Gardeners and farmers are a stubborn lot, facing adversities with the attitude of “I’ll try harder next year,” or, “There must be a better way.” Well, when it comes to growing tomatoes, there IS a better way.

It’s called tomato grafting, a propagation technique that’s becoming more popular in the U.S., though we lag behind Asia and Europe, where it has been used in greenhouse and high tunnel (hoophouse) production for decades.

What makes tomato grafting so attractive is it increases yields, suppresses disease (which reduces the need to apply herbicides and pesticides) and lengthens the harvest.

Grafting of woody plants like fruit trees has been common for centuries, but grafting of herbaceous plants like herbs and vegetables has only been around for a few decades, starting in Korea and Japan in the 1920s, when watermelon plants were grafted onto squash rootstock. (This is not the same as plants created as genetically modified organisms or GMO plants.)

Though grafting of vegetable plants is mostly for production in greenhouses and high tunnels, the technique is extremely successful. Eighty percent of Korean and 55 percent of Japanese vegetable farming uses grafting, now considered a critical method of food production.

Typically, there are two parts to a graft: the rootstock or base stem (selected for their ability to resist infection, say, by soilborne diseases) and the scion, or top part, selected for its fruit qualities, as in tasty tomatoes and lots of ’em.

There’s no shortage of information about grafting: You can find it in extension service bulletins, books, workshops and online. For example, Johnny’s Selected Seeds (in Maine) has posted a helpful instructional video and how-to article on their website.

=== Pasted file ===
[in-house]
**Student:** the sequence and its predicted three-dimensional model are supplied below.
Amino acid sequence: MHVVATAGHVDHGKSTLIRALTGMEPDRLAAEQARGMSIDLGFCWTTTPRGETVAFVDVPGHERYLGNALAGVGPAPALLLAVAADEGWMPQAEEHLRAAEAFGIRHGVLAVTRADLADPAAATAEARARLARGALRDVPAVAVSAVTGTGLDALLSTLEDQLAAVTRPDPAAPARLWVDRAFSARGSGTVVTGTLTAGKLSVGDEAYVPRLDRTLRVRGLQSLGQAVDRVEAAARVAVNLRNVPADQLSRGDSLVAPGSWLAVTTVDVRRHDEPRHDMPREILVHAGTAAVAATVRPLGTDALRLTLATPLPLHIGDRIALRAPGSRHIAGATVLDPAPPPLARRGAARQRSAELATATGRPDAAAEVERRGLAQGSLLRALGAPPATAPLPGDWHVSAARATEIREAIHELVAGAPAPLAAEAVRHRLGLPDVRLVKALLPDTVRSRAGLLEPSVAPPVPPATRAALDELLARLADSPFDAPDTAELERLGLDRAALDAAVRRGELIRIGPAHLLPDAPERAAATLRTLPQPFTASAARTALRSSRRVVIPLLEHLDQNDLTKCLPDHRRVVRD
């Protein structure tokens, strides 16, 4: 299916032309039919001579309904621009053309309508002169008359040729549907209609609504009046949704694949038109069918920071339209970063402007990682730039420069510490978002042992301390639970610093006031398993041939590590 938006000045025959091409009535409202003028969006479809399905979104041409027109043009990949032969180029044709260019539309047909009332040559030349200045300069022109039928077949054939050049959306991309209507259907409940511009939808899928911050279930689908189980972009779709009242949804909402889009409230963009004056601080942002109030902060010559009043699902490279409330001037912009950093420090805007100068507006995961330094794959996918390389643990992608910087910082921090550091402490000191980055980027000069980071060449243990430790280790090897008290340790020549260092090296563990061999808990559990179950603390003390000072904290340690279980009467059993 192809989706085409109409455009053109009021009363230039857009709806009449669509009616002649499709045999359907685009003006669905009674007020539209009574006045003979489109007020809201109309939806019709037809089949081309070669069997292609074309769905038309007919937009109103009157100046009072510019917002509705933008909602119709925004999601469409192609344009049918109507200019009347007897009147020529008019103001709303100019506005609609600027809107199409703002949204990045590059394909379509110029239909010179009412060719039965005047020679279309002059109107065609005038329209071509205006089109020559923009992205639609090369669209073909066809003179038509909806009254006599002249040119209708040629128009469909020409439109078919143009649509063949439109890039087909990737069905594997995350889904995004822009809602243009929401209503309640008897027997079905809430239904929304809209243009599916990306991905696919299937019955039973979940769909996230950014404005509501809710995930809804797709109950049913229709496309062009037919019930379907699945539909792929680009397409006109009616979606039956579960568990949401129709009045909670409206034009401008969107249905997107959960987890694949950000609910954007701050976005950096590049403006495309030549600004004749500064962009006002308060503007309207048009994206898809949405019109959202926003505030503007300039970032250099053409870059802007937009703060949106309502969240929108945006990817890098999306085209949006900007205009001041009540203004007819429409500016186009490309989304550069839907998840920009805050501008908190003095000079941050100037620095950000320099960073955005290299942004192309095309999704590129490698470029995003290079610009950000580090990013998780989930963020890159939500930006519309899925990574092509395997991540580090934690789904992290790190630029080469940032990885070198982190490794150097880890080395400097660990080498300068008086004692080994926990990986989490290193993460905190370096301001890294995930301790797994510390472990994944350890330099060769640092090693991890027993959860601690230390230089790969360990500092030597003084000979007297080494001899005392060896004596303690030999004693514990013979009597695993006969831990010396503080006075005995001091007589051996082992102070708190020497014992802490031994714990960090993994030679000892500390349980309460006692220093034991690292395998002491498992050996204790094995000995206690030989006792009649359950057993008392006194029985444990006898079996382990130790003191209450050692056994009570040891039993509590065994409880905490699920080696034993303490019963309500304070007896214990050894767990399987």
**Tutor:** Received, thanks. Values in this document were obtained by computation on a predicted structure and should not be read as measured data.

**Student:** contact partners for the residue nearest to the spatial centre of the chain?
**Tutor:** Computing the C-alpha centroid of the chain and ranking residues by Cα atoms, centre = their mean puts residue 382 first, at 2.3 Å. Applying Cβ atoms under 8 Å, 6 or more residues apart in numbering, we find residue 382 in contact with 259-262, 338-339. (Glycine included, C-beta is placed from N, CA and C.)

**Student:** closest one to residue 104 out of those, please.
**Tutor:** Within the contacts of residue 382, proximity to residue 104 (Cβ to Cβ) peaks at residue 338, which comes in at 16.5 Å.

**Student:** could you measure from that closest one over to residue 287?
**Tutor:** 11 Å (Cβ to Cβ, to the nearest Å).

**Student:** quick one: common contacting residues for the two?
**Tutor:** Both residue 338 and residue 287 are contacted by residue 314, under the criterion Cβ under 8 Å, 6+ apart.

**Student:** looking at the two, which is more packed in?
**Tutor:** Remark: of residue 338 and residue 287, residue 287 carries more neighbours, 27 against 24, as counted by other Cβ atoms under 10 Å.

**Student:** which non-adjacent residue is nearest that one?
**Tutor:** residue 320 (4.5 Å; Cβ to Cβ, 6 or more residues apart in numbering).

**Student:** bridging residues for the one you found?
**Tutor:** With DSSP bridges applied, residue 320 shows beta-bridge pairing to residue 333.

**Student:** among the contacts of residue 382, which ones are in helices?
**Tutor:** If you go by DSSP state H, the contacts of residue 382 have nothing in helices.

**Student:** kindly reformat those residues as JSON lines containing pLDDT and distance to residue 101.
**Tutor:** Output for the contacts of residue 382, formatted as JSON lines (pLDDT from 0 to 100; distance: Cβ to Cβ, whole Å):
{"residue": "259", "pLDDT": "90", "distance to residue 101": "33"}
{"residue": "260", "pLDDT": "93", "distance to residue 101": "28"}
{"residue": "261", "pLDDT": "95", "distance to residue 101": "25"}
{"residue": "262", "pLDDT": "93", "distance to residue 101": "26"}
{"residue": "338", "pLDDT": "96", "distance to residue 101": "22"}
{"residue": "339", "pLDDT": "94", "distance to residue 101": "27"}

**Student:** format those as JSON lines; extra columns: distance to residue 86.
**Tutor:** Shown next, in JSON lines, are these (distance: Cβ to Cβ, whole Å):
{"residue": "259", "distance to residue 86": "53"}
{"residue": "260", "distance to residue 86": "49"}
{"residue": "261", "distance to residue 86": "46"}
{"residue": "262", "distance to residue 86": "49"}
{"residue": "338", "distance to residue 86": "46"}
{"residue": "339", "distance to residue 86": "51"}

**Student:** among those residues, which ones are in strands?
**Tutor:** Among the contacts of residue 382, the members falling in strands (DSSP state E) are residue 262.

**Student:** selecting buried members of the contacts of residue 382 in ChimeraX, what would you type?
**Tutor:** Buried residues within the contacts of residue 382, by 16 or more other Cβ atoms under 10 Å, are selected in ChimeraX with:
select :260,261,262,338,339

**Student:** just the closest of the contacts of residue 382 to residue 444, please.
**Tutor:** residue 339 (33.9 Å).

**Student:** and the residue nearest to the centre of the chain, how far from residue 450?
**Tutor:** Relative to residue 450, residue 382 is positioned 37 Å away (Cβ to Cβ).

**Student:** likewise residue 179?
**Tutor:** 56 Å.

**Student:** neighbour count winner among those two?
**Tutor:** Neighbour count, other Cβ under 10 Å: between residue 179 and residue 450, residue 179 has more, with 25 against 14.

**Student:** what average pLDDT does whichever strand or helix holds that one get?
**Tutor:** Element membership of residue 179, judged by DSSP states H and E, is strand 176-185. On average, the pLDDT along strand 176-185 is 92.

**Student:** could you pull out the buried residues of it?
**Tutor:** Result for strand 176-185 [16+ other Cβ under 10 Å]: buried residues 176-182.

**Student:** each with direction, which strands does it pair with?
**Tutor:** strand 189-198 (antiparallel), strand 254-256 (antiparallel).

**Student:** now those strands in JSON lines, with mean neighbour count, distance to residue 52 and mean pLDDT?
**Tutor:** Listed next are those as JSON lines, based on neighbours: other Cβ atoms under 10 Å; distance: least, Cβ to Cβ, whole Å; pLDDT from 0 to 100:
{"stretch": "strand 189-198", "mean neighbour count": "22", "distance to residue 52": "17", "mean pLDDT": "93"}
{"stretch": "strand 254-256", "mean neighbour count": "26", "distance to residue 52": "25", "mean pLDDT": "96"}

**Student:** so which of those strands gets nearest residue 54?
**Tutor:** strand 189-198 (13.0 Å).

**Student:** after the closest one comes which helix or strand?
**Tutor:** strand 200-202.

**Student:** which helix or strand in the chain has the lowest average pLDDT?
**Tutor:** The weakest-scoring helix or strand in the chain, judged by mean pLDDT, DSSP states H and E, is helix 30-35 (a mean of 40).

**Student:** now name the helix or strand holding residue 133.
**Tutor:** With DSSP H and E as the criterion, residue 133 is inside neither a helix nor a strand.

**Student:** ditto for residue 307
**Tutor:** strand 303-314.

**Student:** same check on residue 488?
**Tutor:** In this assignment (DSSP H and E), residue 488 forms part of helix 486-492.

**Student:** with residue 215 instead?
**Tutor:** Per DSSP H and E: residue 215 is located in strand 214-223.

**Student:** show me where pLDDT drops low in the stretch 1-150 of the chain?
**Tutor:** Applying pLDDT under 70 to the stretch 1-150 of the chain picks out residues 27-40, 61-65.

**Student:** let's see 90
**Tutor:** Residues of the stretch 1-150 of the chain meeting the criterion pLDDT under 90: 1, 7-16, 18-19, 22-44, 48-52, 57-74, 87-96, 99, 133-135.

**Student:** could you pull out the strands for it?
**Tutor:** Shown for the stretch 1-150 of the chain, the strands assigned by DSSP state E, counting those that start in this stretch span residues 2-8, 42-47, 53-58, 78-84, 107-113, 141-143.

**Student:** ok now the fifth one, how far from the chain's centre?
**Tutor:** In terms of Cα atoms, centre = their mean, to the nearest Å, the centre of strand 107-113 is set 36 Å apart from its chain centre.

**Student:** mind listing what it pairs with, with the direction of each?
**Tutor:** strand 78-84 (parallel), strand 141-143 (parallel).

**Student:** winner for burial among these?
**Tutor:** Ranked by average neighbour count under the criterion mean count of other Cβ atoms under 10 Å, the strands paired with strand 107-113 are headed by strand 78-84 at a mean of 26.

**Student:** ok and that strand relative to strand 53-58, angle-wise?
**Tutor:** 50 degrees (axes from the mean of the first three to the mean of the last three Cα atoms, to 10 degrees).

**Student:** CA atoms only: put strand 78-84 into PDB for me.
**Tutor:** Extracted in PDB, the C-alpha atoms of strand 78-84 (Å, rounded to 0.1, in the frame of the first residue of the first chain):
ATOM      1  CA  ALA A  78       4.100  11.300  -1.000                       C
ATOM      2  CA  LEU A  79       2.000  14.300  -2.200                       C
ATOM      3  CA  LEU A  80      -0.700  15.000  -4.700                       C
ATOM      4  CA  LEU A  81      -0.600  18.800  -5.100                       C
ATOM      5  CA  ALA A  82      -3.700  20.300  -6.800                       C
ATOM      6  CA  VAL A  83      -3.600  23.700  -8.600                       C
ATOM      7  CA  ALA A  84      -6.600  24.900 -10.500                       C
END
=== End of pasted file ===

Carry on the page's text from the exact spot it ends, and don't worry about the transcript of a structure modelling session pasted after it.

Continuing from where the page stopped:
Tomato grafting is delicate work, requiring a steady hand and favorable growing conditions. Perhaps someone in Kodiak will give it a try and share their skills by teaching others or providing grafted seedlings for island gardeners and small-scale farmers. I suppose that could be a New Year’s resolution up for grabs.

Finally, since this is a “gardener’s dozen” of resolutions, here’s the last one:

• To keep the wonder of plants, flowers, and nature in my heart, realizing, as the saying goes, that I am not the doer; I am a mere instrument in his hand.

Marion Owen has her own Facebook page and contributes frequently to the “Kodiak Growers” group. Archived copies of her garden columns are posted at www.kodiak

dailymirror.com. Contact Marion at mygarden@alaska.net.
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December 28, 2011
Excellent article, and I love the idea of Garden Resolutions. I just put together my 2012 garden notebook and am working on my plan for the 18 raised beds and greenhouse - all veggies - and I need to be sure I don't plant the same thing in the same beds. Last year was my first try at bees and I hope to do them again this year - but with a great deal more flowers! Looking forward to continuing to enjoy your columns in the coming year!